There may still be a few issues to be resolved until last week to automatically get into the knockout round or the top 24, but even that is a best case scenario. Does the ECA really believe that the world will be packed by the 23rd to 26th best teams in Europe who fight against them? From Krasnodar and Club Brugge fighting for the right to be eliminated by Atlético Madrid in a play-off?
The group stage in its current form is clearly far from perfect. It’s boring and predictable, and includes too many dead games. However, this is not a question of format. It’s about resources and their distribution. In 2019, Barcelona received 50 percent more prize money than the other lost semi-finalists Ajax.
The superclubs are so rich that they dominate all of them, even if they are poorly managed – despite the crisis in Barcelona they still stand a good chance on a double in Germany.
To believe that the solution is to have more pointless games that will only widen the financial disparity of football is like thinking that the best way to fix a broken metatarsal bone is to go really hard at it stamp.
In this year’s group stage, Real Madrid were at least put under pressure by losing to Shakhtar and then drawing against Borussia Mönchengladbach. They were still at the top of the group but with four games there were doubts. With eight games there would be no sense of danger at all.
The Swiss system isolates the elite and above all generates content with which they can generate even more income and protect themselves even further from the consequences of terrible decisions. We are cheerlessly told that it works well in chess. That may be true, but then rich chess players cannot go out and buy a lot of queens from poorer chess players who the system has structurally disadvantaged.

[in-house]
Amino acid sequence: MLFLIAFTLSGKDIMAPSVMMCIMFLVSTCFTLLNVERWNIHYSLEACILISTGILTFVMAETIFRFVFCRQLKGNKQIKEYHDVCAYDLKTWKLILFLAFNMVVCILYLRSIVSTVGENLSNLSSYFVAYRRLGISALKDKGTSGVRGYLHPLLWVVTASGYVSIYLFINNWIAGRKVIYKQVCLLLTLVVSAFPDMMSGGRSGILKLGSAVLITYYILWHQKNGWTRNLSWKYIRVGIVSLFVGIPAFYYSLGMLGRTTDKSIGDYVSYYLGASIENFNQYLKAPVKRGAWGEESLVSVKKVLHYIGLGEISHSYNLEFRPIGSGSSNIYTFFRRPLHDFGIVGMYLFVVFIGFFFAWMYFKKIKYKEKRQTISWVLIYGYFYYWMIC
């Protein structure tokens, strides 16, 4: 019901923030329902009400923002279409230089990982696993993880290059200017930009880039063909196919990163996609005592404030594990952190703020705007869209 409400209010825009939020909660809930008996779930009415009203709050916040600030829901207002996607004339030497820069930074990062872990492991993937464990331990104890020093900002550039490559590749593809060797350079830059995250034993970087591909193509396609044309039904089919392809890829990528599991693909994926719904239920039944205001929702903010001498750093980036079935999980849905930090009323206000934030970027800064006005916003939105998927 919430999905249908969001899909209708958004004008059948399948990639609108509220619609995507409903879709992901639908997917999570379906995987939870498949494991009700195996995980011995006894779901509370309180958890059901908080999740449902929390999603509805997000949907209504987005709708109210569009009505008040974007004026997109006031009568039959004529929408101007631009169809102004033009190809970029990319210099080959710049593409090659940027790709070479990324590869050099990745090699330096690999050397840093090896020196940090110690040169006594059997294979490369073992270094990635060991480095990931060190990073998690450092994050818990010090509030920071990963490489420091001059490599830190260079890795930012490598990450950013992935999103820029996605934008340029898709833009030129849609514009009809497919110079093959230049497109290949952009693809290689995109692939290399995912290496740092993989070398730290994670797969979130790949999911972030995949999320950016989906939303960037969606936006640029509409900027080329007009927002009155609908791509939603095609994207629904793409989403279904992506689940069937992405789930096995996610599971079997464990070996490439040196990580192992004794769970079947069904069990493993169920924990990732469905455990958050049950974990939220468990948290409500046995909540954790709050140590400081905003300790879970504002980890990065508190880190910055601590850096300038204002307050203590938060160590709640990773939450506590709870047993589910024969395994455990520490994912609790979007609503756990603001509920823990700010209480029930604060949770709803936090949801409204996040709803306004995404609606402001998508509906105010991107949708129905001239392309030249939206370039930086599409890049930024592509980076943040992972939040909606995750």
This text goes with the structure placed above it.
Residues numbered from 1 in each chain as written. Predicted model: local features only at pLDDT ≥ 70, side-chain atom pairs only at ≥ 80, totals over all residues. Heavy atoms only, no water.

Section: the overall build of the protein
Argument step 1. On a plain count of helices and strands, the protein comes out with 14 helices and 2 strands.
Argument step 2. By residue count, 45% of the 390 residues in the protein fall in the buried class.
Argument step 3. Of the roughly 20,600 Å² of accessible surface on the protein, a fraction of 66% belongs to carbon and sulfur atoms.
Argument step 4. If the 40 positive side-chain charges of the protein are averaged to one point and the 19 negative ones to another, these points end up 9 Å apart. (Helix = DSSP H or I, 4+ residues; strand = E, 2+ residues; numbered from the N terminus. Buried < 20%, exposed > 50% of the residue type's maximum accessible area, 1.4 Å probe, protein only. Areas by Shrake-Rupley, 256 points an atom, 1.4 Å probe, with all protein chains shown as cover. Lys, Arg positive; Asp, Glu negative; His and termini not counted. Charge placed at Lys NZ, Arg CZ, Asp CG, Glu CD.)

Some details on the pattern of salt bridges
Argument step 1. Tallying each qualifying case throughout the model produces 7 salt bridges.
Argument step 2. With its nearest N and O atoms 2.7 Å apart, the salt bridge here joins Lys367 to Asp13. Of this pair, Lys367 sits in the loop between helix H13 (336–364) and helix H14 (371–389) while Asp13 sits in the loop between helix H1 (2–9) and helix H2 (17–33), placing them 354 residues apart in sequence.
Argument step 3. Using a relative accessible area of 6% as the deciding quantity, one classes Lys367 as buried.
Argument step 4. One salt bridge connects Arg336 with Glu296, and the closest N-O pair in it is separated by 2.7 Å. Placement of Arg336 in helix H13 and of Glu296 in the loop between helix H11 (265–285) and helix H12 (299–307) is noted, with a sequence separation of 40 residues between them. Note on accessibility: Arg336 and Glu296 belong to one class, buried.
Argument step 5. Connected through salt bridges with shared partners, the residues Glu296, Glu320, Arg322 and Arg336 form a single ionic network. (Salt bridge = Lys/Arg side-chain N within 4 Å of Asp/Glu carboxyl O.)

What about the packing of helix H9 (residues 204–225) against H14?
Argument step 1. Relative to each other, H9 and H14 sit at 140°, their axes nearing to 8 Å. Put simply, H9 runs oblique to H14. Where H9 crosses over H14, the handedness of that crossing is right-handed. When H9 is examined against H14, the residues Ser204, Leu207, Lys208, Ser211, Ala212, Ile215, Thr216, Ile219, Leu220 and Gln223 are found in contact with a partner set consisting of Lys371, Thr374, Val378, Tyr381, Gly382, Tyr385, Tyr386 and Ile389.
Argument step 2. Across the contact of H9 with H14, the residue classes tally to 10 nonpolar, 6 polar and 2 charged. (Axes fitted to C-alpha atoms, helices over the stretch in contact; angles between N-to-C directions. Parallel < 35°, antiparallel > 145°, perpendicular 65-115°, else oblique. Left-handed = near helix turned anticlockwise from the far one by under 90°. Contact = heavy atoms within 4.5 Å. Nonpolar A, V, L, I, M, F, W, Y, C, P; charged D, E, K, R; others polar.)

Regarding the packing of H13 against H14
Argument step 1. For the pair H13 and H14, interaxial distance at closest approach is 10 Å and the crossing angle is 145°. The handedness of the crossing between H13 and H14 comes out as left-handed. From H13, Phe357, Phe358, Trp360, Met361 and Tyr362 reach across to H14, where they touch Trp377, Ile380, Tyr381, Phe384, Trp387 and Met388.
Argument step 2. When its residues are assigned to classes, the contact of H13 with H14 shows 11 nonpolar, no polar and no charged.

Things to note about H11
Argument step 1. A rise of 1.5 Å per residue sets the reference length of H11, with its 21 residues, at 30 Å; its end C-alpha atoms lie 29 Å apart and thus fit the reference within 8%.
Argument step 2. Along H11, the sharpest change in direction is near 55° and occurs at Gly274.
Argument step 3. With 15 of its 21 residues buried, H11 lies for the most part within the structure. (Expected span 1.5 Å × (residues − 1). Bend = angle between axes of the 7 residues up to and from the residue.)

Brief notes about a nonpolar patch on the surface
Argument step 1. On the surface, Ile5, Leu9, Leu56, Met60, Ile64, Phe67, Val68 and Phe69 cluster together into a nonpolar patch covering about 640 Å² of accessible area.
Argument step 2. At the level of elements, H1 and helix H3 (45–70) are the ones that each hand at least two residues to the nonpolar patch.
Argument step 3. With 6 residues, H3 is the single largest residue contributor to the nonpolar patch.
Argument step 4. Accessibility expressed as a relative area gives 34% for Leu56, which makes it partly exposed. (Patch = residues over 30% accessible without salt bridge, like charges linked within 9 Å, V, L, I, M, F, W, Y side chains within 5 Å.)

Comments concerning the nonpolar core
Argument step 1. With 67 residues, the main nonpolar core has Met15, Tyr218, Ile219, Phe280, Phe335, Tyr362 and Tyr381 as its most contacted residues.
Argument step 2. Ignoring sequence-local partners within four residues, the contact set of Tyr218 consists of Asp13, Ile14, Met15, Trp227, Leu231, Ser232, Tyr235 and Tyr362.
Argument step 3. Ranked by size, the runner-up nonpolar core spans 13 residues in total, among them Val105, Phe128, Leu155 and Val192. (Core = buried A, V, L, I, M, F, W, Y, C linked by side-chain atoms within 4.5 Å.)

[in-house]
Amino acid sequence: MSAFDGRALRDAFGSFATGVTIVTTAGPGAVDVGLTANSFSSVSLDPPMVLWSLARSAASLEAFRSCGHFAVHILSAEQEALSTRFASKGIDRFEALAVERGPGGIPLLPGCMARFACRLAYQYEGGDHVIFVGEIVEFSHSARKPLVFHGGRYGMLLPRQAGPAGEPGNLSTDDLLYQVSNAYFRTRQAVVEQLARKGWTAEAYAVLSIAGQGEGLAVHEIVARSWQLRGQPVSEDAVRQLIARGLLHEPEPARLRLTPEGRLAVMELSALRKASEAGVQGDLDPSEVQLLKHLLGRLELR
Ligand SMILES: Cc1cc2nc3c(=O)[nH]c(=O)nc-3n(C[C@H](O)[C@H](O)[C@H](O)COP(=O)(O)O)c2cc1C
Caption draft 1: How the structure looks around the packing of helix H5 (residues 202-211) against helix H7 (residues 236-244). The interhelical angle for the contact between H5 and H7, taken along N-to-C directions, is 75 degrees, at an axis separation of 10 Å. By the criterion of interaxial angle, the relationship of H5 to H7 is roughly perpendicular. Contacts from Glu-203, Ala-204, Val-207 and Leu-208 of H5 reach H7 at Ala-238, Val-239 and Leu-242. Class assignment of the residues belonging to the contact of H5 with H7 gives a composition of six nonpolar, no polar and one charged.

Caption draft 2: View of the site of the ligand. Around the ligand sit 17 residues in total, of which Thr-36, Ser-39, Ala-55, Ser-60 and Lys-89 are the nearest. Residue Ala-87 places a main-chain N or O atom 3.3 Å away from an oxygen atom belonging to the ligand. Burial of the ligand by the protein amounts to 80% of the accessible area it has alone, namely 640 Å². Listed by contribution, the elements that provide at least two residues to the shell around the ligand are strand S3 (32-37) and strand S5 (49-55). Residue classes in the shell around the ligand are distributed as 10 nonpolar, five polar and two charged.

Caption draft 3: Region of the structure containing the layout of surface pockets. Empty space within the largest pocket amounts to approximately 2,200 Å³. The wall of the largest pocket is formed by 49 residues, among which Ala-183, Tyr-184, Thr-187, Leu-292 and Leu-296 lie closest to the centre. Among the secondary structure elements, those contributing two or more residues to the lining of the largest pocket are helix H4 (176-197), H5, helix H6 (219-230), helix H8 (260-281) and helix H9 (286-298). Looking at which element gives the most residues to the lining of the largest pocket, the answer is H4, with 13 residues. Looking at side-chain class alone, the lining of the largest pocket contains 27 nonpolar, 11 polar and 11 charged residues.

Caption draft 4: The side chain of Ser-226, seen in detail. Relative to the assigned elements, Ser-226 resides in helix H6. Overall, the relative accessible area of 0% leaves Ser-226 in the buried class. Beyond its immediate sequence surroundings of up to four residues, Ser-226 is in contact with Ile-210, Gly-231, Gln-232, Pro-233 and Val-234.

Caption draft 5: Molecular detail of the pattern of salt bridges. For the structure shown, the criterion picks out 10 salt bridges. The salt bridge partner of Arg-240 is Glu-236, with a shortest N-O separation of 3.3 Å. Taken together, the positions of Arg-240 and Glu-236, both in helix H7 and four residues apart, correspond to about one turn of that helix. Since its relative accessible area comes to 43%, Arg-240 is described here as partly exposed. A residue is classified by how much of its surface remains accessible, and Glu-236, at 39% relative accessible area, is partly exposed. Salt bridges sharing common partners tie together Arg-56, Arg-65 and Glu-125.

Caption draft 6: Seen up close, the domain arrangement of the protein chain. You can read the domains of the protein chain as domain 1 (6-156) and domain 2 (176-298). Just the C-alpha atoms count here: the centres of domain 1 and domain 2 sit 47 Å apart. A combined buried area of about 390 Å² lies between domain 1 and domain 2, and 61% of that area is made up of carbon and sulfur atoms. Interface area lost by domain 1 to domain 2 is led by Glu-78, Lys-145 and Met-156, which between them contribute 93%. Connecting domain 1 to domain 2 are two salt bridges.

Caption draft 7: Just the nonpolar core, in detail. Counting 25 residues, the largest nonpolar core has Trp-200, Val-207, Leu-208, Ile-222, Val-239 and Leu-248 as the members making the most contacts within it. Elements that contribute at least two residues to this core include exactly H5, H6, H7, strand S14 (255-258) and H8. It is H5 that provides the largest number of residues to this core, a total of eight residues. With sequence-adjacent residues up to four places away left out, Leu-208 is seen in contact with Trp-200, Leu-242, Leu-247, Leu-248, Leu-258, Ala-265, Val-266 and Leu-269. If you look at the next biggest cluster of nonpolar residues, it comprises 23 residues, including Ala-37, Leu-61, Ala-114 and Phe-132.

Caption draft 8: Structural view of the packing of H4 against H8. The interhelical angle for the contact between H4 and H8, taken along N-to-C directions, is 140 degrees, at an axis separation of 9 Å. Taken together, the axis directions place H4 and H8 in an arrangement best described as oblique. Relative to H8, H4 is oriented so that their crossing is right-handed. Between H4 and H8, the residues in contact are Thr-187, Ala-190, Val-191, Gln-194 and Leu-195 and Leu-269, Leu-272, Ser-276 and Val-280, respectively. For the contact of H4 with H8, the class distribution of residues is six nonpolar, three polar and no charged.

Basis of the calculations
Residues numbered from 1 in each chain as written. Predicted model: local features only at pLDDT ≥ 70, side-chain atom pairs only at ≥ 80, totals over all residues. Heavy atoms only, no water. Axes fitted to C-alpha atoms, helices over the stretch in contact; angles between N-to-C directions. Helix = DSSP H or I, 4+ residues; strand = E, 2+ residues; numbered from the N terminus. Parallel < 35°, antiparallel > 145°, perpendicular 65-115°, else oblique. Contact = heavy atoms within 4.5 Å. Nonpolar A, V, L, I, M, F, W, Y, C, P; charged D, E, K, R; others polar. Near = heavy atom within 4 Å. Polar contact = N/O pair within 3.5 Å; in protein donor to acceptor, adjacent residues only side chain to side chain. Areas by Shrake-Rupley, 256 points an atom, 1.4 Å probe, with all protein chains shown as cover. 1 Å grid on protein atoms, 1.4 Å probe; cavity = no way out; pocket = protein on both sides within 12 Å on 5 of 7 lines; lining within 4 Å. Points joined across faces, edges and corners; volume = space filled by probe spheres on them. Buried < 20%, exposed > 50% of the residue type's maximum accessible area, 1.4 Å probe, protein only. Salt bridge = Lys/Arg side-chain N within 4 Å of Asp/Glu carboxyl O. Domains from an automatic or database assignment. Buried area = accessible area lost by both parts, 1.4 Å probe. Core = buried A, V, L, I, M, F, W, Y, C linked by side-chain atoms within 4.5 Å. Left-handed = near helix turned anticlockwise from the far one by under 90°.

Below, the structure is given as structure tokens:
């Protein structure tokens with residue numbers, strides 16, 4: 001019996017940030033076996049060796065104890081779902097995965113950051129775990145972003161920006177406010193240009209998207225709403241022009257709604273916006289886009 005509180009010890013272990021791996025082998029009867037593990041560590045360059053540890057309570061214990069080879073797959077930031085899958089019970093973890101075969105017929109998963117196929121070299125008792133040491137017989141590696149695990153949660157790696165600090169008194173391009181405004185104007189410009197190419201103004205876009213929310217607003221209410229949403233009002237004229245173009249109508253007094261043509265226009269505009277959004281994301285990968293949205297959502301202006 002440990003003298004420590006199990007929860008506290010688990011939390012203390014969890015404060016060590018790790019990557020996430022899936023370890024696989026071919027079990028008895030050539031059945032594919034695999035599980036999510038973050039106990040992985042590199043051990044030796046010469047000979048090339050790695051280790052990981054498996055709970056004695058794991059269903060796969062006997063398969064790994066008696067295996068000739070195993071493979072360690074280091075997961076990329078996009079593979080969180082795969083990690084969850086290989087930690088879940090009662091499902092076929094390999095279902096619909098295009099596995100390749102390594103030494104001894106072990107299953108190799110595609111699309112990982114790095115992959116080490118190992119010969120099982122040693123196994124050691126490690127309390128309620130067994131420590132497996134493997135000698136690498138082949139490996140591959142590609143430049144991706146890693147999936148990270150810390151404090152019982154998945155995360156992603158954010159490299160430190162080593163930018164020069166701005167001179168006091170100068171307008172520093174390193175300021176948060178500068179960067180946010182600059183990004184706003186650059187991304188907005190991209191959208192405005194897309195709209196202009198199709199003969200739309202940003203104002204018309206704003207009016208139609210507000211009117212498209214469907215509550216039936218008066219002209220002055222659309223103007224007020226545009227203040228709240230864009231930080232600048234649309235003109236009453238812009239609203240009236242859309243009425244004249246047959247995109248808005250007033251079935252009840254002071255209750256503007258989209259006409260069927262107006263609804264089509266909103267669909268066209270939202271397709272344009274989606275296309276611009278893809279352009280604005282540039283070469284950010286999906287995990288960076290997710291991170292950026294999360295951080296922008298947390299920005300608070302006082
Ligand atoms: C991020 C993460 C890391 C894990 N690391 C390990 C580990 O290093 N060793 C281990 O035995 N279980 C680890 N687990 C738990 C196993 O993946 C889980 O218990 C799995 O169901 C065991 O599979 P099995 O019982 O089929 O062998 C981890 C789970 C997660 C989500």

Juve’s loss to Porto last week was an example of what high-level European football can be. There was quality and there was drama, brilliance and stupidity, joy and sadness. Because it mattered. Because there was a sense of danger. Because in the end, one team went through and one team went out. Compare that to Juve’s unsuccessful away win against Barcelona at the end of the group stage: it may have been a clash of superclubs, maybe even Ronaldo and Lionel Messi’s last meeting on a soccer field, but three months later, hardly anyone can remember it.
These compromises are supposedly necessary to counter the threat posed by a super league. Maybe this grotesque chimera does that for a while. But for what purpose and at what price? It will create meaningless football that exacerbates the fundamental problem of inequality within the game. At some point, Uefa will have to act for football and say that this is a sport, not a content-producing revenue machine for the very rich.
Name your bluff. Let go of the super clubs. And with Agnelli on top, watch them fly.
A weekly update from our football correspondent Daniel McDonnell along with the best writing from our team of experts. Issued every Friday.